CROWN Vs. KARAM SINGH SADHU SINGH
LAWS(P&H)-1950-3-5
HIGH COURT OF PUNJAB AND HARYANA
Decided on March 17,1950

CROWN Appellant
VERSUS
Karam Singh Sadhu Singh Respondents

JUDGEMENT

Teja Singh, C.J. - (1.) THIS is a reference by the learned Ses, J., Kapurthala, for the confirmation of the sentence of transportation for life that he has awarded to Karnam Singh, a Labana of village Nangal Labana, whom he has found guilty of the murder of one Jhanda Singh and has convicted under Section 302, Penal Code.
(2.) THE deceased and the accused were cousins to each other, the father of the accused being the brother of the deceased's mother. Originally, the accused belonged to Anr. village, but it is alleged, & this fact was not denied by the accused that he had been living in a Kothri in the house of the deceased for about 20 years before the occurrence. Janda Singh had a well about 500 karams from the village Abadi and he slept there on the fateful night i.e., the night between the 8th and 9th October with a view to keep watch over his maize fields. It was discovered on the morning of the 9th that he had been attacked and killed by some one during the night. When the news spread in the village Mt. Harnam Kaur, widow of the deceased, & a number of other people collected on the spot. Jamadar Mihan Singh went to the Police Station which is about 6 Kos from the village & lodged the first information report at noon time. It was mentioned in this document that Mihan Singh had learnt from Sadhu Singh Chaukidar that Jhanda Singh had been murdered at the hands of some unknown person & since the Chaukidar had been deputed by the Panchayat to keep watch over the dead body Mihan Singh had been entrusted with the duty of reporting the matter to the Police. The Assistant Sub -Inspector who recorded the first information report reached the village about 4 in the afternoon. He found Karam Singh in the custody of the Panchayat. What had happened was that when the village people arrived on the spot & questioned Mt. Harnam Kaur, she told them that Karam Singh had murdered her husband. On this four or five men proceeded to Karam Singh's house & brought him to the place where lay the dead body. There he was interrogated. At first he denied all knowledge of the incident but later on made a clean breast of the whole affair and admitted having killed the man with his kirpan. On being questioned about the kirpan, Karam Singh took the members of the Panchayat to his house and brought out the weapon from a Kothri. He was again brought to the spot with the kirpan and kept there till the arrival of the Police. We are also told that the shirt that Karam Singh was found wearing at the time the Panchayat got hold of him had blood marks on it. The A.S.I. took bold of both the kirpan & the shirt & put them under proper cover and seal. The shirt was later sent to the Chemical Examiner. The report of the Chemical Examiner taken together with that of the Imperial Seriologist would go to show that the stains on the shirt were those of the human blood. It may here be mentioned that the Imperial Seriologist's report was received affect the conclusion of the trial in the Court below & accordingly could not be used as evidence at the trial. Since no blame could attach to the prosecution for the delay we allowed the Assistant to the Advocate General to tender the document as evidence in this Court. The prosecution maintains that the reason that led Karam Singh to commit the crime was that he had contracted illicit intimacy with Mt. Harnam Kaur during Jhanda Singh's lifetime & two or three days before the occurrence Jhanda Singh asked him to leave his house because he had come to know of the intrigue between the two & deeply resented it.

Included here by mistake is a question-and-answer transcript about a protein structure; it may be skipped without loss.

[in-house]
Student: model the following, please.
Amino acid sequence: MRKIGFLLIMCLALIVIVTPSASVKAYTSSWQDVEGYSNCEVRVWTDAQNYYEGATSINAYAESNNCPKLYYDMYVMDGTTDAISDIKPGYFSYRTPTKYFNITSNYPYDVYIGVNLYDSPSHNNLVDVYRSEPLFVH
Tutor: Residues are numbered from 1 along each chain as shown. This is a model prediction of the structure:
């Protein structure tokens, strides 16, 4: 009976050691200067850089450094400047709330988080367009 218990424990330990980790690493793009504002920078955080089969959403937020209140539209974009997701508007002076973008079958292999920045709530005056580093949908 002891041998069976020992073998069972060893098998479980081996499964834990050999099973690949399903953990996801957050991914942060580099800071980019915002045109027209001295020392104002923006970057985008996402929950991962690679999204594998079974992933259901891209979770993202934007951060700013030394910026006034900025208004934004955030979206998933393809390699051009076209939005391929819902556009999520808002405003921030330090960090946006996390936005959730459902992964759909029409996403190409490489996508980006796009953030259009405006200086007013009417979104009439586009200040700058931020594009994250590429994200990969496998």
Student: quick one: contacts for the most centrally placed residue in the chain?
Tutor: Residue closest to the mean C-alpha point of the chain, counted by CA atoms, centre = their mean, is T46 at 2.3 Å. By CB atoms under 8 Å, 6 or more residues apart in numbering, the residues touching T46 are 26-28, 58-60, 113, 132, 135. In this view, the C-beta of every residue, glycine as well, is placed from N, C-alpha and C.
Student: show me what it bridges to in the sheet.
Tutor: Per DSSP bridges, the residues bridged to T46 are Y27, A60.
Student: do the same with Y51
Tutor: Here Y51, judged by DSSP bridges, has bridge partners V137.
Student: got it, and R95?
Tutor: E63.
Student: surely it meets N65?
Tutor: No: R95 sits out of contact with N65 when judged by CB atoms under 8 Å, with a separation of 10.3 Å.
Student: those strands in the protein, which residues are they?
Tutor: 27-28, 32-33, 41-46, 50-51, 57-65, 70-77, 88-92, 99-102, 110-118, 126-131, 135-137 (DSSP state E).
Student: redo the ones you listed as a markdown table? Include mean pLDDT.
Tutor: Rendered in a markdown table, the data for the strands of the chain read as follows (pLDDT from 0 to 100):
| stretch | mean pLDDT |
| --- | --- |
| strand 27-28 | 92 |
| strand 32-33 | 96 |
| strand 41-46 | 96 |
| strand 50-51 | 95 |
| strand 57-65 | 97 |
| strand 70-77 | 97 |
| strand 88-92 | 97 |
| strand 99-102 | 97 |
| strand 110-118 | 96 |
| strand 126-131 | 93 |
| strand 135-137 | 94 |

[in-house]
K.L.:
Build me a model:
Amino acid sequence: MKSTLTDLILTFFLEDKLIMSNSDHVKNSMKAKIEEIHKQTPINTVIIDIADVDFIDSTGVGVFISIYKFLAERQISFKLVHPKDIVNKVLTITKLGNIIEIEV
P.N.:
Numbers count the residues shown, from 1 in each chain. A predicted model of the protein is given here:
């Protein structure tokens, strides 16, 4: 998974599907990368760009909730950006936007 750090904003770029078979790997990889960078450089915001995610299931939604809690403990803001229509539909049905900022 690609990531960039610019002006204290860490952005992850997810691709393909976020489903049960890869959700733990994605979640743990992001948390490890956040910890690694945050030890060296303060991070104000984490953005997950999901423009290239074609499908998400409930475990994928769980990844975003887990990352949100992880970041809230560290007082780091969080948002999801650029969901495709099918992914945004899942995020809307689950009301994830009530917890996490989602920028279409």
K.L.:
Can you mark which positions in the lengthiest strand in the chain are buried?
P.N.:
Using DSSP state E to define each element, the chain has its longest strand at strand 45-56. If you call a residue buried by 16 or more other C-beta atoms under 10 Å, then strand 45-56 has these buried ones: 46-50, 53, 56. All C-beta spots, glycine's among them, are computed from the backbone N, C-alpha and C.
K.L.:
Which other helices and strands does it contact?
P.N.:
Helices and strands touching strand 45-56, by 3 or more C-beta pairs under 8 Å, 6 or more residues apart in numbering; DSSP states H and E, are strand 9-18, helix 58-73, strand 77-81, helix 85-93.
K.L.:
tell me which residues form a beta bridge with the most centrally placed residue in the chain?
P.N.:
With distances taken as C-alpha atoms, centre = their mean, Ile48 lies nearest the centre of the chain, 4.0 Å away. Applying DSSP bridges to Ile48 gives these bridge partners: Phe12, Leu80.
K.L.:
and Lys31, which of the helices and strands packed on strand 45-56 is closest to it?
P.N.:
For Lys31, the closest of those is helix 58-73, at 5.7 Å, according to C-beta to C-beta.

(3.) NATURALLY , there was no direct evidence to connect the accused with the crime. We have, however, the evidence regarding the motive and the confessional statements made by him (i) to Mt. Harnam Kaur, (ii) to members of the Panchayat, & (iii) before S. Jasjit Singh, Tehsildar and Mag. 1st Class. In addition we have the evidence regarding a number of circumstances which corroborate the confessional statements in some respects.;


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